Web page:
With Fadiman’s careful unpacking, it all makes so much damn sense.  And, as the reader, you find yourself deeply empathizing with almost everyone.  But the narrative is long and complex, and Fadiman is unfailingly evenhanded–throughout the book, you can see her choosing phrases and frames with the utmost care.  I don’t think I could have made sense of the story without such a skilled guide, and that admission reminds me of how far I have to go.  I–and so many others who work across cultures–need to read more and more of these accounts, until the two-way decoding becomes an in-the-midst-of-chaos instinct.

I’ll be deep into migration over the next four months.  Next up on the reading list are The Warmth of Other Suns and Arrival City.

Jonas

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Just ink, no action: the Packinghouse Workers Bill of Rights

November 16, 2010

In 2007, Minnesota passed the Packinghouse Workers Bill of Rights (PWBoR).

But congratulations aren’t really deserved.

Tonight, at an event sponsored by the Midwest Human Rights Coalition, I heard John Stiffin from the Minnesota Department of Labor and Industry (DLI) talk about what has happened in the three years since the law’s passage.  His answer was appalling.  Basically, meat processing plants (called packinghouses here) have each been mailed an English poster of the PWBoR which they are required to post.  And–honestly–I think that’s the extent of it.

Let me start out by saying that I understand that the PWBoR was an unfunded mandate.  I understand that the DLI hasn’t been given many resources and I understand that real enforcement requires such resources.

But tonight I’m focusing in on the little things.  The inexcusable things.  The large impact-small cost failings that prevent policy changes from being as effective as they could be, even absent adequate funding.

  1. The poster isn’t included on the webpage with all other mandatory state posters from DLI for download or order.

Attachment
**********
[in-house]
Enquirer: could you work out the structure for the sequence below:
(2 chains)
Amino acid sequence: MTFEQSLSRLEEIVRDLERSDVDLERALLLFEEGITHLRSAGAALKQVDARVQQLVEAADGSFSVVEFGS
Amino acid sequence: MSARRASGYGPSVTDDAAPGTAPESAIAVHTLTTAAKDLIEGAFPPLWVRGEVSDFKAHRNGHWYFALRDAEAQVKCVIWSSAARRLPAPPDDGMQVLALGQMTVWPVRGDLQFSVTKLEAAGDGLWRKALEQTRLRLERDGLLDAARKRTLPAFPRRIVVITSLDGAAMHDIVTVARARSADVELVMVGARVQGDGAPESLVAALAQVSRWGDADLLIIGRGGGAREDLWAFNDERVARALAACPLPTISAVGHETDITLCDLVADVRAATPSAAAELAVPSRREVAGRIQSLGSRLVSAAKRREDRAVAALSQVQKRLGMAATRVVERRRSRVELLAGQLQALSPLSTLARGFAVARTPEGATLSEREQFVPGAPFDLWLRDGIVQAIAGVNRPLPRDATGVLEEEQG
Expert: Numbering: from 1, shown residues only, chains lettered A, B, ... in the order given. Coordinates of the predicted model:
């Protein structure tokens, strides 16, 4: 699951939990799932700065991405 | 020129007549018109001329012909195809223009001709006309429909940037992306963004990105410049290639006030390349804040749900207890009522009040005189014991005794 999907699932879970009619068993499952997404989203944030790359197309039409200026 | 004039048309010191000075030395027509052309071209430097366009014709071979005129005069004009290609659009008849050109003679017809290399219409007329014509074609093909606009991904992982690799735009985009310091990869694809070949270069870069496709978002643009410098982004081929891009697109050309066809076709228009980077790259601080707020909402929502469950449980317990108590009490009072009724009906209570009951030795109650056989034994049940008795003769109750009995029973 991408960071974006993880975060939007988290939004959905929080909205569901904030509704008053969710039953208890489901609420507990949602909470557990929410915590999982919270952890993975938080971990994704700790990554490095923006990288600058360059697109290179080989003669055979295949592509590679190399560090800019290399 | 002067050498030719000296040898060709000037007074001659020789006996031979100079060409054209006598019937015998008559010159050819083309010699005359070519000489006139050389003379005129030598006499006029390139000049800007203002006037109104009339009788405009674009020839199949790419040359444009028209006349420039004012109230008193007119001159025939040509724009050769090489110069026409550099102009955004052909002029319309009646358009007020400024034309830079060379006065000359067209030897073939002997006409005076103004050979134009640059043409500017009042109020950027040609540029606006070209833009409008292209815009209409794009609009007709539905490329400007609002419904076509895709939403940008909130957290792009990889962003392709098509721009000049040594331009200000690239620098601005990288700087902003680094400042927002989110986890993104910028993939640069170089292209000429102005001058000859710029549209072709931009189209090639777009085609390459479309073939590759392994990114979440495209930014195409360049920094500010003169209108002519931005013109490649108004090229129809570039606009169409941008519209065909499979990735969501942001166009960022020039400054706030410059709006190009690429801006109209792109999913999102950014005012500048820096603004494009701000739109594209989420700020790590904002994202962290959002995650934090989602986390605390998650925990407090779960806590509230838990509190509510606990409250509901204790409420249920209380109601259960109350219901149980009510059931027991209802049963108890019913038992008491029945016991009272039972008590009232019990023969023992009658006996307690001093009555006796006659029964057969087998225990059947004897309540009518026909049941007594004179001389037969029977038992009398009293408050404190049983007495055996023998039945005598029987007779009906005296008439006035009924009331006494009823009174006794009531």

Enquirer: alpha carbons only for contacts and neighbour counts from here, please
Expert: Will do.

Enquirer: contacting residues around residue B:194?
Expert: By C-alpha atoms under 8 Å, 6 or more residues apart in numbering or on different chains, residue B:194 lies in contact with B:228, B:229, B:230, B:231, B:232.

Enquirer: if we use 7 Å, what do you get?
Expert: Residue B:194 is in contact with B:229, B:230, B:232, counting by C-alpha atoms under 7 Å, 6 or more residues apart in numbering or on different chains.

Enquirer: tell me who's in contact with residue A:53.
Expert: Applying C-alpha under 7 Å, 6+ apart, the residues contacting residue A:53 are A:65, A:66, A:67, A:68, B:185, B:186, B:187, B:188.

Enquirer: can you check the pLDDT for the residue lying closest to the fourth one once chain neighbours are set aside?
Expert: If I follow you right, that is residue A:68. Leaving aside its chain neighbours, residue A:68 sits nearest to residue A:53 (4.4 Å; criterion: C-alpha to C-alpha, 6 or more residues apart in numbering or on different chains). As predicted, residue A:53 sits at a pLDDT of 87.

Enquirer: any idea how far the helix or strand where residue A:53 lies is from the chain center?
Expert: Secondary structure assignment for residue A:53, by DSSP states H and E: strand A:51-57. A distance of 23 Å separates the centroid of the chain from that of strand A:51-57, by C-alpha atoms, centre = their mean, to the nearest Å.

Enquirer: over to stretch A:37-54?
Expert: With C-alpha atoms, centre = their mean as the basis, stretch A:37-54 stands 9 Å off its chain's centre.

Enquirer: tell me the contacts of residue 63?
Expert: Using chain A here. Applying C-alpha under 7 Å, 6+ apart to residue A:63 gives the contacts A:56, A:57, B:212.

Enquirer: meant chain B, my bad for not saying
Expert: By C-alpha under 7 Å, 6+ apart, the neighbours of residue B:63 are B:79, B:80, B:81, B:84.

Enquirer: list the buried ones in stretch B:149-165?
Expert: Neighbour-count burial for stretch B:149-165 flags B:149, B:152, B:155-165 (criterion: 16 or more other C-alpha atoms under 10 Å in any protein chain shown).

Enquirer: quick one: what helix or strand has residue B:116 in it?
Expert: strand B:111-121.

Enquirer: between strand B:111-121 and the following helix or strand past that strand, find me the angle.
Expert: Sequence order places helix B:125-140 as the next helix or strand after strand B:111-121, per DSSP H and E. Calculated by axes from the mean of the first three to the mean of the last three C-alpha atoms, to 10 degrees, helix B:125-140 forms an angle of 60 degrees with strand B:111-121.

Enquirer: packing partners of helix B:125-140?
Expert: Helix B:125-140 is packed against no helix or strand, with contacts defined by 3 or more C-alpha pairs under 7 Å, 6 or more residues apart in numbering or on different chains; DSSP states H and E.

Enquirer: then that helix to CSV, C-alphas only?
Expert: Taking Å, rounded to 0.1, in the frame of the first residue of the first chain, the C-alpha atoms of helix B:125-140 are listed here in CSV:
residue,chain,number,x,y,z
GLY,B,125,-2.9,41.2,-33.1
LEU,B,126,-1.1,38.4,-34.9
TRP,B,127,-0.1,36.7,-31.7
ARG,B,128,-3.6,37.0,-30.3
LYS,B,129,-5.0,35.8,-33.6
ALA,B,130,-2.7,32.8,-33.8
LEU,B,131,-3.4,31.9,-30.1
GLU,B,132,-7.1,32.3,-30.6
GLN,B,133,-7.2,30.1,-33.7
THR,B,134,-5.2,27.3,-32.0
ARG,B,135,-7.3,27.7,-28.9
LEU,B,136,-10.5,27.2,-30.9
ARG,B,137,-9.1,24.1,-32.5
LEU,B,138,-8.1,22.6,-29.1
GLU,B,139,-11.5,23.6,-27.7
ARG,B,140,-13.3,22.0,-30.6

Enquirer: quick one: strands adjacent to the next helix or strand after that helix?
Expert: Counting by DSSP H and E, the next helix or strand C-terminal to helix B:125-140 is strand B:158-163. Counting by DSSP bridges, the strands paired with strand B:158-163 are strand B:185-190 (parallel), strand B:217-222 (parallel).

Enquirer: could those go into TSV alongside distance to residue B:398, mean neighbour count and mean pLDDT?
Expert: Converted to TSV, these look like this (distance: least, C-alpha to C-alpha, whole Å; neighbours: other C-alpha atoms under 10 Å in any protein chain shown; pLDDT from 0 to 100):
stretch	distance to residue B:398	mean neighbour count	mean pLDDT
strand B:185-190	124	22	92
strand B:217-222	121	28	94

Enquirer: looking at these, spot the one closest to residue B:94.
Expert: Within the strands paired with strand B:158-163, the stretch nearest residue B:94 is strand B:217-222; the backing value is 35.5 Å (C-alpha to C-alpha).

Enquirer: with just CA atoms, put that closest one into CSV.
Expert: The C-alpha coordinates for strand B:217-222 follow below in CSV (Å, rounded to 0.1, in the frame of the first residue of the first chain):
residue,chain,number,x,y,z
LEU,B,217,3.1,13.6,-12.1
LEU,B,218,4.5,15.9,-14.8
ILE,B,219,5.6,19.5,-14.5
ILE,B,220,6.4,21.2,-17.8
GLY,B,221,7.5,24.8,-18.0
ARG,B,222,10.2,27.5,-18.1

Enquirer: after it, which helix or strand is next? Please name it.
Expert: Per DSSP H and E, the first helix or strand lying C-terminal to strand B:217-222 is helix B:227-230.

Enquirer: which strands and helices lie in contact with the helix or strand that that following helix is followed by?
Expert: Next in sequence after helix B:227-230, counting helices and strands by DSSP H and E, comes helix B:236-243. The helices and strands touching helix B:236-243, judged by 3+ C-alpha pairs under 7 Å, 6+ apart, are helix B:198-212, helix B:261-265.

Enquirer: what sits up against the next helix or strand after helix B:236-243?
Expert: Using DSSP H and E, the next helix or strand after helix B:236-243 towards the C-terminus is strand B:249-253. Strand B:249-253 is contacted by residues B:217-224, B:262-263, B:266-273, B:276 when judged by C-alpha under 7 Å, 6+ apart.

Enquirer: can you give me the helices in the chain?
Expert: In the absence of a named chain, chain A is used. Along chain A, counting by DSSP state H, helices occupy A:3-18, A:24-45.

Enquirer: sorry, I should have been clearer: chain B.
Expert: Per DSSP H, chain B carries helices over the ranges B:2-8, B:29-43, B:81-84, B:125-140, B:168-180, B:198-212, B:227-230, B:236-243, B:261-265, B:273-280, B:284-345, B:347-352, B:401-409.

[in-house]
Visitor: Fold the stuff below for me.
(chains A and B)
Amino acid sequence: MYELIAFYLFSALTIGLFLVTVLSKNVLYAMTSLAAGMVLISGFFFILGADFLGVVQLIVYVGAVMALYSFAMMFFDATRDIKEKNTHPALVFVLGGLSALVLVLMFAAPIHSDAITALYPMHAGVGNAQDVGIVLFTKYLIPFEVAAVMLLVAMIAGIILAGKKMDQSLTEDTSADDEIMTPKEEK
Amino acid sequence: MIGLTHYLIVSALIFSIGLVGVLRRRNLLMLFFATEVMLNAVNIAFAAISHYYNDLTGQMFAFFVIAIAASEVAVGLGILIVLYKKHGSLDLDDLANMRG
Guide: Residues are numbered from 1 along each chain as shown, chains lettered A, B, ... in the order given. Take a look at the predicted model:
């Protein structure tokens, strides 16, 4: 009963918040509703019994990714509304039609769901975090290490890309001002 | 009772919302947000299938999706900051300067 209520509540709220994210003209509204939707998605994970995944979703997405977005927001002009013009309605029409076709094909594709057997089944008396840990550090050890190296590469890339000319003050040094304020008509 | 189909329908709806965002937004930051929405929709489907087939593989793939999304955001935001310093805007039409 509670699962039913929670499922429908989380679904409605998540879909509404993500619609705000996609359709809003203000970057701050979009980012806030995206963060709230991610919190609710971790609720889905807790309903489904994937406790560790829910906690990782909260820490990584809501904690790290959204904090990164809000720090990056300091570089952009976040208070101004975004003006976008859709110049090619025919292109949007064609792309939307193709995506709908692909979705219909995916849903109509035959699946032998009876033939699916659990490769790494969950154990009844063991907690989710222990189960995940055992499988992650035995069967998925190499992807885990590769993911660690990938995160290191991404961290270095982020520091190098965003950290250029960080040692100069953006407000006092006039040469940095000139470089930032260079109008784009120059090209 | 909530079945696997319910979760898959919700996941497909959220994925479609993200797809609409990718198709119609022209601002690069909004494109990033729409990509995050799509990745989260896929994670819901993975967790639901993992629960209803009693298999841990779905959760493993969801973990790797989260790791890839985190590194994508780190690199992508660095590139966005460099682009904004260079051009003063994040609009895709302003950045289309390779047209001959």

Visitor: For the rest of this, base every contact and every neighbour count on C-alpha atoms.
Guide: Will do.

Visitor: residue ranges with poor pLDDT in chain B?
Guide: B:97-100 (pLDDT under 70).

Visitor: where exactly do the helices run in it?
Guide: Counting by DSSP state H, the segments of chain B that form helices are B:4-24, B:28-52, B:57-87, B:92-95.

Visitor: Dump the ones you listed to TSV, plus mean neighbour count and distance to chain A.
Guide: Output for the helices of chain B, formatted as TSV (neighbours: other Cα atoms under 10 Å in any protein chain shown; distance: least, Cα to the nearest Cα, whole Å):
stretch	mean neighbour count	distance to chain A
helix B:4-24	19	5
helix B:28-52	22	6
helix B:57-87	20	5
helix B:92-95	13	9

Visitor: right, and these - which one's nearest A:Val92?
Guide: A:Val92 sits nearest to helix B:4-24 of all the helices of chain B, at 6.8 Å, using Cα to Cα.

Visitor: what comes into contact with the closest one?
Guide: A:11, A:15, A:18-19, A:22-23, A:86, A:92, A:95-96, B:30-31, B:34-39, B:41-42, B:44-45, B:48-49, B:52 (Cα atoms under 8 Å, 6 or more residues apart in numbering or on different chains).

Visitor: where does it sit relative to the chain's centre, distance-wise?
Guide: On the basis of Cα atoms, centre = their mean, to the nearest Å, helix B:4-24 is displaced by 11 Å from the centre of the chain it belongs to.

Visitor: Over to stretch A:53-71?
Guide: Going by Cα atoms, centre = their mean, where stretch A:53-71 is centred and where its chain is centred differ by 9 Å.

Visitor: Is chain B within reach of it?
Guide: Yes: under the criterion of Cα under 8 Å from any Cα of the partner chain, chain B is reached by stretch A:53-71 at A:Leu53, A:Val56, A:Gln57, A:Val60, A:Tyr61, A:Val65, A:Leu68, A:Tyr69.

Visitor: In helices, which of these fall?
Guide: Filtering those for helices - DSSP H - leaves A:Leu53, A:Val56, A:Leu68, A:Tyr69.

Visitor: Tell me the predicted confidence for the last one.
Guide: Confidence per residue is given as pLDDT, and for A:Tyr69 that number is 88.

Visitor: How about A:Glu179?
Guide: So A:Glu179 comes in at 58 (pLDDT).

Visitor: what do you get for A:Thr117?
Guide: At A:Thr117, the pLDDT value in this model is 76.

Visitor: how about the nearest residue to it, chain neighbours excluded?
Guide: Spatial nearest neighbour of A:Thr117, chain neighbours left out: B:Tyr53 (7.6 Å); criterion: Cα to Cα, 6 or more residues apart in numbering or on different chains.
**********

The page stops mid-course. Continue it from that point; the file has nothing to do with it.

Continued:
2. The poster wasn’t provided in any other languages, even though all other mandatory posters are.  Employers are expected to provide a translated version in the language of their workers.
  3. There has been no outreach to the Karen population, despite their recent and rapid concentration in meat processing centers such as Worthington and Albert Lea.
  4. Although the majority of packinghouse workers are from Mexico, Guatemala, Somalia, Sudan, or Southeast Asia, the single staff person was deliberately NOT hired from any of these ethnic groups to avoid the “appearance of favoritism.”
  5. There has been no collaboration with the staff person coordinating an nearly identical Bill of Rights in Nebraska.
  6. There is no proactive enforcement.  Compliance with the PWBoR isn’t integrated into OSHA’s compliance and a credible complaint is required to initiate an investigation.
  7. There is no protection for workers who file complaints, other than that the DLI “isn’t likely” to actively pursue information about their immigration status.

So maybe 6 and 7 aren’t really small cost criticisms.  But the others are.

And that’s just what I learned in a 20 minute rambling conversation.  And it doesn’t include individual-level complaints like Stiffin’s justification for not translating the poster into Spanish: Puerto Rican Spanish is different than Mexican Spanish, so translations are hard.  Right.  Because there is no such thing as Standard Spanish.  And we were really hoping the poster would be translated primarily in slang anyway.

Three years out, we should be talking about visa alternatives for workers who report violations (like the U-visa for survivors of domestic violence).  The PWBoR should be fully integrated in OSHA compliance.  And the coordinator should be able to articulate his outreach strategy to the workers, not just a one-time mailing to the employers.

Instead, we learn that there have been no complaints in three years.  Not a single one.  From one of the most dangerous industries employing some of our most vulnerable residents?  Despite John Stiffin’s reassurances, hardly proof of transformative legislation.

Jonas